The clay is also mighty heavy, so instead of slapping an 8-pound ball of the stuff onto the pole and trying to shape it into a skull, I decided to create an undershape using pink rigid insulation foam (available at most big-name hardware stores.)
You can see how I created the undershape out of two pieces, a front and a back piece, which I made so they could be glued together around the handle.
Here's the box containing the putty epoxy. (Which I bought from this ebay store. Of course, this being epoxy resin, (like bondo or fiberglass,) it's dangerous to work with unless you take the proper precautions (wearing a pair of latex gloves and working in a well-ventilated area. Do not breathe in the fumes if you can avoid it and store the item you're making either outside or in a garage until it cures.) Cure time is 12-24 hours. The epoxy itself will be workable for a couple of hours, which should be more than enough time to make what you want to make with it. (If not, you can always mix up another batch the next day and slap it on over previous layers of epoxy. You can sand and saw the epoxy too once it dries (although you should wear a respirator and try not to breathe in any dust.)
Unfortunately, I don't have any pictures of me actually WORKING with the epoxy, as my hands were gloved and covered with dangerous, sticky chemicals at the time, but here's apic of what I managed to do the first day:
You can see I was able to create a rough skull shape. The next step was to cover the back of the undershape with epoxy and then refine the details...
Below the skull, I would have to set a series of ribs. This I did using strips of thick craft foam:
Here's a back view:
I did some putzing around with the ribs, and I wound up putting epoxy over them, starting with the front. It was my intention to cover the foam ribs with epoxy to give them an organic, bony surface, matching the skull.
Before I was completely finished with the ribs, though, I decided to start work on the handle. I did this by gluing strips of thick craft foam around the PVC pipe at strategic places and glueing strips of plastic and foam over them to create an octagonal shape (the thickest areas of the handle are the ones which have the strips of craft foam glued under them):
I glued two layers of plastic over the shape for maximum strength and neatness.
To create the spiky pommel, I hotglued triangular pieces of plastic to the tip of the handle like so:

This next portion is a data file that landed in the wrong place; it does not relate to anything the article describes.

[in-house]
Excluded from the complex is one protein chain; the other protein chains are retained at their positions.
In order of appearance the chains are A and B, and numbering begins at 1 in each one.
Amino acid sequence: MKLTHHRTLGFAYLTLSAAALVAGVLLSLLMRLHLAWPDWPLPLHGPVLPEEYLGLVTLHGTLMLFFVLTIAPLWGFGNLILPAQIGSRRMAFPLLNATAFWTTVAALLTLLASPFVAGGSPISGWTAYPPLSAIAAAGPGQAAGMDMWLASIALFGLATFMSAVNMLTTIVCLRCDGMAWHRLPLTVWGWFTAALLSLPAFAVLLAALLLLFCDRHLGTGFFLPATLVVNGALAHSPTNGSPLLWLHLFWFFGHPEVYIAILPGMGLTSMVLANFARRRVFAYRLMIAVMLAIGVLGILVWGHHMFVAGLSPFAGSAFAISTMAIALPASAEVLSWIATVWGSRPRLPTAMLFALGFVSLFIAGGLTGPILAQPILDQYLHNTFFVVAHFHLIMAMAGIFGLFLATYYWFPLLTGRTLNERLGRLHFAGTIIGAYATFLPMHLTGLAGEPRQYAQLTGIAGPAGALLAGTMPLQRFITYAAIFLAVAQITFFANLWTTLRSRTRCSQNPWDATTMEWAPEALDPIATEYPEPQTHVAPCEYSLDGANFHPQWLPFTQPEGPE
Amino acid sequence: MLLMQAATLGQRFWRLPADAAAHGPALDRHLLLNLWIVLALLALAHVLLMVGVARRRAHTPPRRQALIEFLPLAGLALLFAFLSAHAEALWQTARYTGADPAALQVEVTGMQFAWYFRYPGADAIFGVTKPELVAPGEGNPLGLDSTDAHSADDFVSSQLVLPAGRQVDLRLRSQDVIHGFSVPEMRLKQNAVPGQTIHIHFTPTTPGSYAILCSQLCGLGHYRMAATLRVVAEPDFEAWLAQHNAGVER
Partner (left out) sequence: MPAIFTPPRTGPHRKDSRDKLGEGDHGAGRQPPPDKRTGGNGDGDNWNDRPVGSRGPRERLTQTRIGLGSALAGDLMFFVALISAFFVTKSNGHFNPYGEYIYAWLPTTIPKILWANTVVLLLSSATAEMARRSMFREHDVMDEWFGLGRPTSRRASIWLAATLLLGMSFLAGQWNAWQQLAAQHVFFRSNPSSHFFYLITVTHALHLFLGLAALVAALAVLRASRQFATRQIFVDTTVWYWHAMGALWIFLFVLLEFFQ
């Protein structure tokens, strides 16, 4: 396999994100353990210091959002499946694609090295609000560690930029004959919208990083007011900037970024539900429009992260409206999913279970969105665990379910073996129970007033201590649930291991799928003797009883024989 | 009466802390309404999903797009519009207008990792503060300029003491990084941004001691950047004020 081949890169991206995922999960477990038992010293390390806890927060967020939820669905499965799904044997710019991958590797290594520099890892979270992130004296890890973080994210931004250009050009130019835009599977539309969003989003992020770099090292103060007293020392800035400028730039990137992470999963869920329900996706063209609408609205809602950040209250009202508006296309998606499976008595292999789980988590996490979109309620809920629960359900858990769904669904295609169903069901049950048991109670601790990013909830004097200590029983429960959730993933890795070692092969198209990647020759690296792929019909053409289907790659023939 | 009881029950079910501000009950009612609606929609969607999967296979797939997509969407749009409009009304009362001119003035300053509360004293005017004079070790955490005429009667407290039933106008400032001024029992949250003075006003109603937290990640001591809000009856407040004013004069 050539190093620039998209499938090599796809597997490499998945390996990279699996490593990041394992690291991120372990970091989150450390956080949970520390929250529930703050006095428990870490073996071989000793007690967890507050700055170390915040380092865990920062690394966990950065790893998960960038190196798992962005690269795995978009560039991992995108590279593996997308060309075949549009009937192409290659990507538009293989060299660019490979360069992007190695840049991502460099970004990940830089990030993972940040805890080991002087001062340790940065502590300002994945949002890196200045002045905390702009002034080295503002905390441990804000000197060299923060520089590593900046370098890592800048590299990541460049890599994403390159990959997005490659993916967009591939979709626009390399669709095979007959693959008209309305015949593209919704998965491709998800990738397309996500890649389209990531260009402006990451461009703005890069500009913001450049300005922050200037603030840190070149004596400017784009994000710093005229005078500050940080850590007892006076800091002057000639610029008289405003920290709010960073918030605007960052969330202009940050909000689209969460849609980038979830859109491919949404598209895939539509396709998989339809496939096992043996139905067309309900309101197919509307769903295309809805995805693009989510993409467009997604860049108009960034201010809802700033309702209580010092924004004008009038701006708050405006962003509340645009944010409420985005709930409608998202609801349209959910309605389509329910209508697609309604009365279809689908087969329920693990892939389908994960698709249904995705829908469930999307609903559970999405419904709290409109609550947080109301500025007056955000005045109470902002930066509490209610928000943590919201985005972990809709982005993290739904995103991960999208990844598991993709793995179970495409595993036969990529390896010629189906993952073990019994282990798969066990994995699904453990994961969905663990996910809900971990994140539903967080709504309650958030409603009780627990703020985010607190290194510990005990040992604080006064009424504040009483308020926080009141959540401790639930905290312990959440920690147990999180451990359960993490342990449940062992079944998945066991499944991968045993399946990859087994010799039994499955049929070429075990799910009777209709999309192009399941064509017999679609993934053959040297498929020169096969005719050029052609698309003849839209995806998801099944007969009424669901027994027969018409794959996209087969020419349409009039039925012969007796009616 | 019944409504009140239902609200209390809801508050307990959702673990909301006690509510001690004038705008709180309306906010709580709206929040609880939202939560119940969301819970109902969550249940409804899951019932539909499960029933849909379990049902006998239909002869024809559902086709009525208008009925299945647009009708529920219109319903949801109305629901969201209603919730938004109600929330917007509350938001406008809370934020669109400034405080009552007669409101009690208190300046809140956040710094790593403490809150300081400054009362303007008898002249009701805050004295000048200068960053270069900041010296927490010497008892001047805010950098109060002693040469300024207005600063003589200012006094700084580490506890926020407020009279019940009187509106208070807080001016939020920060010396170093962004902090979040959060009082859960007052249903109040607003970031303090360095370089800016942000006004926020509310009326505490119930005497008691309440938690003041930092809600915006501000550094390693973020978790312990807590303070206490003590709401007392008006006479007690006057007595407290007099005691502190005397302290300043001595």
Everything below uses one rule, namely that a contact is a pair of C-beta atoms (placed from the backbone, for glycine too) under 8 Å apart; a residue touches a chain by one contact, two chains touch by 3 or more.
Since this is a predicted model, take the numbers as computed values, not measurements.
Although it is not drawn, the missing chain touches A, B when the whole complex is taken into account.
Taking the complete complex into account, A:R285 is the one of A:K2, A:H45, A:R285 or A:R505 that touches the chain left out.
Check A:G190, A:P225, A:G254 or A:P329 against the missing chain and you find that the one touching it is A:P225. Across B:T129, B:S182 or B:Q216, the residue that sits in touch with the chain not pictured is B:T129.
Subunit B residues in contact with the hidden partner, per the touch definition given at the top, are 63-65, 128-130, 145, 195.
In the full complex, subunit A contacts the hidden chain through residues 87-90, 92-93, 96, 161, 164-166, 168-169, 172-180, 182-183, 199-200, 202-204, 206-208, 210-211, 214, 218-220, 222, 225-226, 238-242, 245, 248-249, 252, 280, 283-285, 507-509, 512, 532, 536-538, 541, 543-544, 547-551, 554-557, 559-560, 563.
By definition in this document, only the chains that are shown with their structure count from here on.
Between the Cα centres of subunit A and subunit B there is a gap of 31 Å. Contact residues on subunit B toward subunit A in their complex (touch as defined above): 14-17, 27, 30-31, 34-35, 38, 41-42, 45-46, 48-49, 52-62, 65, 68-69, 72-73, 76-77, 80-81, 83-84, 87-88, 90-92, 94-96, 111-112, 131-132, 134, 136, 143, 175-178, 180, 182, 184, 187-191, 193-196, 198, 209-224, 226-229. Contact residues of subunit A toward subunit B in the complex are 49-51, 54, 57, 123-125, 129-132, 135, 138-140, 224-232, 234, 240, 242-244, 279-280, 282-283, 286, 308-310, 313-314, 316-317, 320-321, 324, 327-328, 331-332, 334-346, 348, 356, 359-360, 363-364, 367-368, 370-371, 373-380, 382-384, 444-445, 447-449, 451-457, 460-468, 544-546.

And then used strips of foam and plastic to make some finishing touches...
The next thing to do was to create the side bone decorations. I made the core for the bones using a cylinder and some craft foam...
And then glued shapes around it to create another octagonal object...
A rather rough-looking one...at first...
I glued another layer of styrene plastic over it to give it a cleaner appearance (while my grumpy cat lay down and ignored me in the distance...)
The first bone completed, I hotglued it to the side of the sword.
At this point in the process, the hilt is nearly finished. There was a noticable gap between the side bones and the ribs so I filled it in with foam and plastic. And then glued a new layer of ribs over all, made from thick craft foam, gesso and varnish. (I didn't glue styrene over them because I wanted the ribs to look less plasticky and more organic and bonelike.) I added some more details with the epoxy putty (although I wanted to use it sparingly at this point, as the sword was getting fairly heavy.)
Finally, I had everything finished and ready to paint:
I sprayed chrome spray onto the blade and skull areas. (I wanted to use model acrylic to paint the handle, as I felt it would be touched more often and would need a scratch-resistant surface. The ribs would also have to be painted with acrylic since they had been coated in acrylic varnish.)
I used long brushstrokes (painted across the width of the blade) to create a polished look. I then defined the skull using silver enamel paint mixed with black. I sunk black paint into the eye sockets and in the spaces between the teeth.
Here's how far I've gotten with painting the ribs and handle. I've still got a couple more coats to go (as well as the back to do), but it gives you a good idea of what it will look like when finished...
Here's the painted version:
I dabbed varying degrees of silver and black paint to create an antiqued look on the skull/hilt.
Again, this is a good project for showing you the general idea behind a large sword with a PVC pipe core and sculpted/built components.
Questions? Comments? Leave 'em below or e-mail me at dietzt@REMOVEMEcloudnet.com